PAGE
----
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Monday, 25 February 2013

Man who put Coronation Street on TV dies aged 95

Sir Denis Forman, the former Granada TV chairman who was responsible for putting Coronation Street on TV in 1960, has died aged 95.

The Guardian carries his obituary detailing a remarkable 50-year career.  Sir Denis, who died on Sunday night in a nursing home in London, was also director of the British Film Institute and deputy chairman of the Royal Opera House but it was his work in television of which he was most proud.

One of the founding executives of Granada TV in the mid 1950s, Forman went on to become is joint managing director and chairman between 1974 and 1987.

He was responsible for a new generation of programmes that helped to redefine British TV, including Coronation Street.  In an interview with The Guardian he once said this about the show:

"I recognised its merit and I supported the move to get it on air, but I was not 100% behind it. I was nervous. Everyone was. Look at those accents. Anyone in broadcasting reading one of those scripts would say: 'It's impossible.'"

Granada made it possible, though initially only as a 13-part series. The Daily Mirror's review of the first episode was scathing. "The programme is doomed from the outset," it intoned, "with its gloomy tune and grim scene of a row of terraced houses and smoking chimneys." But it was a ratings triumph, became a twice-weekly fixture, and within six months was the most-watched programme on British TV.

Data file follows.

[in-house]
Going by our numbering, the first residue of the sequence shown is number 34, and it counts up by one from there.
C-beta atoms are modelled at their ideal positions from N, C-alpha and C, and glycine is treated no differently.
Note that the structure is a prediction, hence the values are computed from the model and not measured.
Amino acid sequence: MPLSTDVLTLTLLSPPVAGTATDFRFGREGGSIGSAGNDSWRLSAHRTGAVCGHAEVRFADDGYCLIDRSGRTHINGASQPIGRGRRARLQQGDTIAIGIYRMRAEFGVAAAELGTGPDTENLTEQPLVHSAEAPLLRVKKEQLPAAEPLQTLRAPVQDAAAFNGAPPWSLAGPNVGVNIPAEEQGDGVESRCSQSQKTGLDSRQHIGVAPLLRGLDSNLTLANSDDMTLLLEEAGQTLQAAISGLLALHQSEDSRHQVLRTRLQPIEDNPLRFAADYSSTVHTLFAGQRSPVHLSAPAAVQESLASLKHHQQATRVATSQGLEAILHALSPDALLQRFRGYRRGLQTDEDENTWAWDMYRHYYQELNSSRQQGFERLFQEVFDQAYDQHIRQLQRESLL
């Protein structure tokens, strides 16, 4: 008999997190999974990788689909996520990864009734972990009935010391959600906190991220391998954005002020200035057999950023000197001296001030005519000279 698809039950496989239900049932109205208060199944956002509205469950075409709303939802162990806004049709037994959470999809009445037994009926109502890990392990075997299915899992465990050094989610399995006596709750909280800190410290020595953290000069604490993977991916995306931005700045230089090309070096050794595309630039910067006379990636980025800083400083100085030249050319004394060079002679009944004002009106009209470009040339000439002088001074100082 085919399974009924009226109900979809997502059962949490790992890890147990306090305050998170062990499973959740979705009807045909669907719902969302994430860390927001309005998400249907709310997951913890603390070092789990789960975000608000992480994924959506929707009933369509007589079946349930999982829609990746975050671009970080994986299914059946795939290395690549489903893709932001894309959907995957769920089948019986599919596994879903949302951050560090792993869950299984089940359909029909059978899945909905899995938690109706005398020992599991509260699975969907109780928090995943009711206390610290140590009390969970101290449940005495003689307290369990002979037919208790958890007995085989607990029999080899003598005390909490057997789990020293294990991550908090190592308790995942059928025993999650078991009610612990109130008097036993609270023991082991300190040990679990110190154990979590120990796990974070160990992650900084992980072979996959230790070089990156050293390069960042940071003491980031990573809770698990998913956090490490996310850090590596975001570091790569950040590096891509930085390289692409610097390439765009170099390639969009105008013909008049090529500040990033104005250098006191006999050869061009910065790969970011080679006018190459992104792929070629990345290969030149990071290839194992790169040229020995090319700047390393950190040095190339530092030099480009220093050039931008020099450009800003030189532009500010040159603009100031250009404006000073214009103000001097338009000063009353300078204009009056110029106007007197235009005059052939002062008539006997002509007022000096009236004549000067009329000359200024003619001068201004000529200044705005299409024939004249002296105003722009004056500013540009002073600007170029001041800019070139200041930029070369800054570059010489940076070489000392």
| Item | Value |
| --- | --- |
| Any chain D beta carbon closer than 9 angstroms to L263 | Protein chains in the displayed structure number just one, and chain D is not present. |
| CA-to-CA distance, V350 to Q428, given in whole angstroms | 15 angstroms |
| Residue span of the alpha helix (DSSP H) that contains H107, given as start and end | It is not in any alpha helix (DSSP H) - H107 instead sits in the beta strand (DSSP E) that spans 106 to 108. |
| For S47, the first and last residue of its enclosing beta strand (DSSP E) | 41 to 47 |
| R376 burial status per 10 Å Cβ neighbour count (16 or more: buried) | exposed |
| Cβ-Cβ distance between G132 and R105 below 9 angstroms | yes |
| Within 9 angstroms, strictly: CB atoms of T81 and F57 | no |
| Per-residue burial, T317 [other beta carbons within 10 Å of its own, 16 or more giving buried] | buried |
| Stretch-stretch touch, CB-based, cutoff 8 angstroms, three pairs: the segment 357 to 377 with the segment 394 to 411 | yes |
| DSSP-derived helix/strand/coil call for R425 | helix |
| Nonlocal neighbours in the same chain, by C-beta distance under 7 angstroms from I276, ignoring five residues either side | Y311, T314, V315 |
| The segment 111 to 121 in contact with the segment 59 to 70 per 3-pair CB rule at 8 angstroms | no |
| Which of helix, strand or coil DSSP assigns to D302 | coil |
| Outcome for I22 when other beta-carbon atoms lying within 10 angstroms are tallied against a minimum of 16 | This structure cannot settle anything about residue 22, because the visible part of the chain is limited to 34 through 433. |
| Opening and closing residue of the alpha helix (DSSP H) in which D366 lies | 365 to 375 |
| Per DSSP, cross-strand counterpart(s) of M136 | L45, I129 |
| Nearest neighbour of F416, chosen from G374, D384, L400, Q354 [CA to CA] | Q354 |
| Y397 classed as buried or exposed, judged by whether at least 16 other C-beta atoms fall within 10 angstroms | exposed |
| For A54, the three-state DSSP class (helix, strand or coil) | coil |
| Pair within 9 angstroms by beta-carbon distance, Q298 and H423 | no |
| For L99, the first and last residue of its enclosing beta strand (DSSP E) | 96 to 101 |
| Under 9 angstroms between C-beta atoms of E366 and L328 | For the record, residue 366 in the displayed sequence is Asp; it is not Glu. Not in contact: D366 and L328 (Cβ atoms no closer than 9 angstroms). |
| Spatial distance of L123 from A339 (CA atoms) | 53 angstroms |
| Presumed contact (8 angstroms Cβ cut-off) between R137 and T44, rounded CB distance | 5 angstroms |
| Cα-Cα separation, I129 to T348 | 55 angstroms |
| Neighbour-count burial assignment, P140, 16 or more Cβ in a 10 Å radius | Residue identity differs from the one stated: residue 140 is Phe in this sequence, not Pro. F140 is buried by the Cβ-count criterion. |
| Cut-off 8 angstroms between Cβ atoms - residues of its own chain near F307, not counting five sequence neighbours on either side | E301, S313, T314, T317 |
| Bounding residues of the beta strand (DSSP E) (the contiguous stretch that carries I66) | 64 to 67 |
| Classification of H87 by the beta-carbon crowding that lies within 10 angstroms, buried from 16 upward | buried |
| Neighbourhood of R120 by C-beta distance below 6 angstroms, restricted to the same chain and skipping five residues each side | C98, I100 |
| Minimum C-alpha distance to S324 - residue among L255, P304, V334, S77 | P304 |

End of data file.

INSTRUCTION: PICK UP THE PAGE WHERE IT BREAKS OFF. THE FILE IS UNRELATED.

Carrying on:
And here at the Coronation Street Blog we've just checked through Sean Egan's book - 50 Years of Coronation Street, the Unofficial Story. It says Sir Forman gave Tony Warren his first exclusive writing contract at Granada TV.  And as we all know, Tony ended up penning the first episodes of Coronation Street, of which Sir Forman says this:

"If we'd been in London, I don't think we would have made Coronation Street.  I don't think anyone in London would have made Coronation Street".

And his verdict on Tony Warren's first script for Florizel Street, as Corrie was originally known was this: "Good characters, good dialogue."

At the end of the day, I think that's all we really need. 


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4 comments:

Humpty Dumpty said...

I'll show my ignorance and admit I've never heard of Sir Denis Forman, but agree 100% with that last statement about 'good characters and good dialogue'. That's really why I've gone off Gloria. Fab actress, great character but where's the witty dialogue she had on her first appearance? The vitriol she spews out now is not clever or funny. No-one will replace Blanche but the writers would do well to remember how dialogue is supposed to work.

Mark said...

Sad to hear that - one of the old breed of Tv executives. his book is worth a read too.
Would also like to mark the passing of former Corrie locations manager Anne Wilkie-Millar, a lovely lady who gave her all to the show. She was also mum to Scamper the dog and Mavis's budgies!

Anonymous said...

No, Coronation Street would not have been made if Granada was in London. It wouldn't have been made today either - too much of a risk and too few men like Sir Denis in TV.

Mary Prankster said...

Where does the original executive producer, Canadian Harry Elton, who championed Tony Warren, and put the 1st episodes on air, fit in this story?

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